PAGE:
Housebound (2014) Revisited – Horror Movie Review

The new episode of the Best Horror Movie You Never Saw video series looks back at Gerard Johnstone’s 2014 film Housebound

The episode of Best Horror Movie You Never Saw covering Housebound was Written by Eric Walkuski, Narrated by Jason Hewlett, Edited by Paul Bookstaber, Produced by John Fallon and Tyler Nichols, and Executive Produced by Berge Garabedian.

In January of 2023, cinemas were invaded by M3GAN, a horror-comedy about a feisty, and murderous, android companion that brought a fun new spin to the killer doll genre. While the film was a surprise hit at the box office, it had been in development for quite a while, dating back to the pre-pandemic days of 2018. Intriguingly, its director, Gerard Johnstone, had only one feature film under his belt up until that point. That feature was Housebound (watch it HERE), a twisty, humorous thriller that deftly combined chills with laughs. M3GAN producers James Wan and Jason Blum were both thoroughly impressed by the tightrope the movie walked, and found Johnstone was perhaps the only man for the job of bringing the bonkers M3GAN concept to life. Turns out their faith in him was rewarded, as the dancing dolly racked up over $170 million at the worldwide box office, earning her a sequel almost immediately.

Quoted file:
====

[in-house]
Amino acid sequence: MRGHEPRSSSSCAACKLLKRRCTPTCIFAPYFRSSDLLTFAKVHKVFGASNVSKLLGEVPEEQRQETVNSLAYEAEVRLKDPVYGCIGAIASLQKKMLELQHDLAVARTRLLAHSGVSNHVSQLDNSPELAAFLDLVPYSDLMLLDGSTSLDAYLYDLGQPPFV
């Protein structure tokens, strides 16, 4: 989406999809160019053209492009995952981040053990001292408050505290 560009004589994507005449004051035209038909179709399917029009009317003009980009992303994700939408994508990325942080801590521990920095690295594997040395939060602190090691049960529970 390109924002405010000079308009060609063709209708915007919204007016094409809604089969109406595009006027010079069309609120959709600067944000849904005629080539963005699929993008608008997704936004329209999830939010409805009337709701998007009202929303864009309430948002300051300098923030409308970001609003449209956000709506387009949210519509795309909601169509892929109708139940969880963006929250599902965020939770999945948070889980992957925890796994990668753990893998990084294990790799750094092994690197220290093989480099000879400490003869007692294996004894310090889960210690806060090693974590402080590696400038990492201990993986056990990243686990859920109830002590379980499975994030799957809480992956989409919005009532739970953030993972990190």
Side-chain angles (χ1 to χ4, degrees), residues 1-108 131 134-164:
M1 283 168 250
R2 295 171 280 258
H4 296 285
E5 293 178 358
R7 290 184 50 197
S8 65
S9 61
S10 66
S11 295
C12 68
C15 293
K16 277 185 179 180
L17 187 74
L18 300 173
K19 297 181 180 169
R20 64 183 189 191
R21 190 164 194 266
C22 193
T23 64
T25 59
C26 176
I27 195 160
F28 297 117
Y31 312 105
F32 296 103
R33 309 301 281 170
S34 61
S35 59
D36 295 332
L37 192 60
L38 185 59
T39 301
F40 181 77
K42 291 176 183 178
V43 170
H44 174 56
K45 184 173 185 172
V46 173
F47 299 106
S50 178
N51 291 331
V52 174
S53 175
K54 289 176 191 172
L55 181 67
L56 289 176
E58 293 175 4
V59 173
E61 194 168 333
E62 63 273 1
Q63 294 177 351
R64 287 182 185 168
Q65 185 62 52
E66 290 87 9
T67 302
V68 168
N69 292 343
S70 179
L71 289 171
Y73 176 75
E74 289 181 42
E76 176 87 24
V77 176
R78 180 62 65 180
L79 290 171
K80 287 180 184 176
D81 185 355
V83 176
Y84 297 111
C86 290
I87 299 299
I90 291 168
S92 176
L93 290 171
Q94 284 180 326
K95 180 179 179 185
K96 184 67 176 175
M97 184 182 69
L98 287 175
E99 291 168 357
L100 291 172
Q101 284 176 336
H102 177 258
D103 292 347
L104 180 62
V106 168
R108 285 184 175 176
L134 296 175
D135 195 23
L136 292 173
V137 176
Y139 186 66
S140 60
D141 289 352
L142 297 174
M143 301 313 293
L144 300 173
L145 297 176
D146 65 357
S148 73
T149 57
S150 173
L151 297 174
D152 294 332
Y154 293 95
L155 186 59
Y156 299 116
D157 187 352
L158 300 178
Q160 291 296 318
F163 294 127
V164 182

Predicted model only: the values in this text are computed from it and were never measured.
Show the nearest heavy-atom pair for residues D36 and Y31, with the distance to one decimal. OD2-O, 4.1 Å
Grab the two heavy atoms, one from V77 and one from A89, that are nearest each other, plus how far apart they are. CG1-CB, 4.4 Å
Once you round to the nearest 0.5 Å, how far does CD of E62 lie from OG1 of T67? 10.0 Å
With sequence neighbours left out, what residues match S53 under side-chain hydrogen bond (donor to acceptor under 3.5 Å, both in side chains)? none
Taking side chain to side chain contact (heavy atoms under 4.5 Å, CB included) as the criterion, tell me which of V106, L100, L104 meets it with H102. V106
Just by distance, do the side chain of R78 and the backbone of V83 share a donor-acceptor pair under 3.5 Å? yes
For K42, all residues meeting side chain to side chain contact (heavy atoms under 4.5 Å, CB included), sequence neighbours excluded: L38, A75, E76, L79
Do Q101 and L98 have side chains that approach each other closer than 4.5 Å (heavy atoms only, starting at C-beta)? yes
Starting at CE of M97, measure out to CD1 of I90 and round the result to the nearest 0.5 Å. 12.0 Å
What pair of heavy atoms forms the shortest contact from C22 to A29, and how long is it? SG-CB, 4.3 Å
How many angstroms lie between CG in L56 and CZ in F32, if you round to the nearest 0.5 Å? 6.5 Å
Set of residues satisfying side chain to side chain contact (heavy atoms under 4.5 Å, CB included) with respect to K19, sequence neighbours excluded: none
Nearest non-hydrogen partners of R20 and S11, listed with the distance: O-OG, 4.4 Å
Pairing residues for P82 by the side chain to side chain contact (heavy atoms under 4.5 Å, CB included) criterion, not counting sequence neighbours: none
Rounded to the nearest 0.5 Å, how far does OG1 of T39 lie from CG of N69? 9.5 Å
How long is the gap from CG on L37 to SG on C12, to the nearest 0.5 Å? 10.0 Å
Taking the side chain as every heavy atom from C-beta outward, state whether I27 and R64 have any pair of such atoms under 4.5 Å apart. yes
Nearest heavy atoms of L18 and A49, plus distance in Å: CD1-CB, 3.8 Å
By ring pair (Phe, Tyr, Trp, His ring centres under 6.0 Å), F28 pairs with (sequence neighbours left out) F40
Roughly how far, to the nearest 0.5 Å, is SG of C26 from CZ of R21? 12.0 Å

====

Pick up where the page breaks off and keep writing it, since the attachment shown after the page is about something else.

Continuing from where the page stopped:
But we’re here to look back at the project that made M3GAN possible, Johnstone’s funny freakout Housebound, one of the Best Horror Movies You Never Saw…

Obviously, we’re going to be spoiling some of Housebound’s bigger plot twists, so do be advised that you should best watch it first then come back here to enjoy us lavish praise upon the flick, which starts off with a truly frightening scenario: moving back in with your mother and step-father. That’s the fate that has befallen Kylie Bucknell, a 20-something delinquent who finds herself under house arrest after a ludicrously failed attempt at ATM theft. Kylie is a sullen, surly young lady with a chip on her shoulder the size of Auckland. Her mum Miriam is a well-meaning sort, if not a little excitable, and step-dad Graeme is almost as hard-to-read as she is. Safe to say, this will be no stay-at-home vacation, but rather a true endurance test – Kylie very well may have preferred prison to the creaky confines of her childhood home.

However, it’s not just going to be endless days on the couch watching meaningless telly for Kylie. Miriam has a rather unfortunate surprise for her daughter: the house is currently haunted. In fact, it may always have been haunted, as when she was young Kylie was convinced herself that she saw apparitions, memories she’s since blocked out.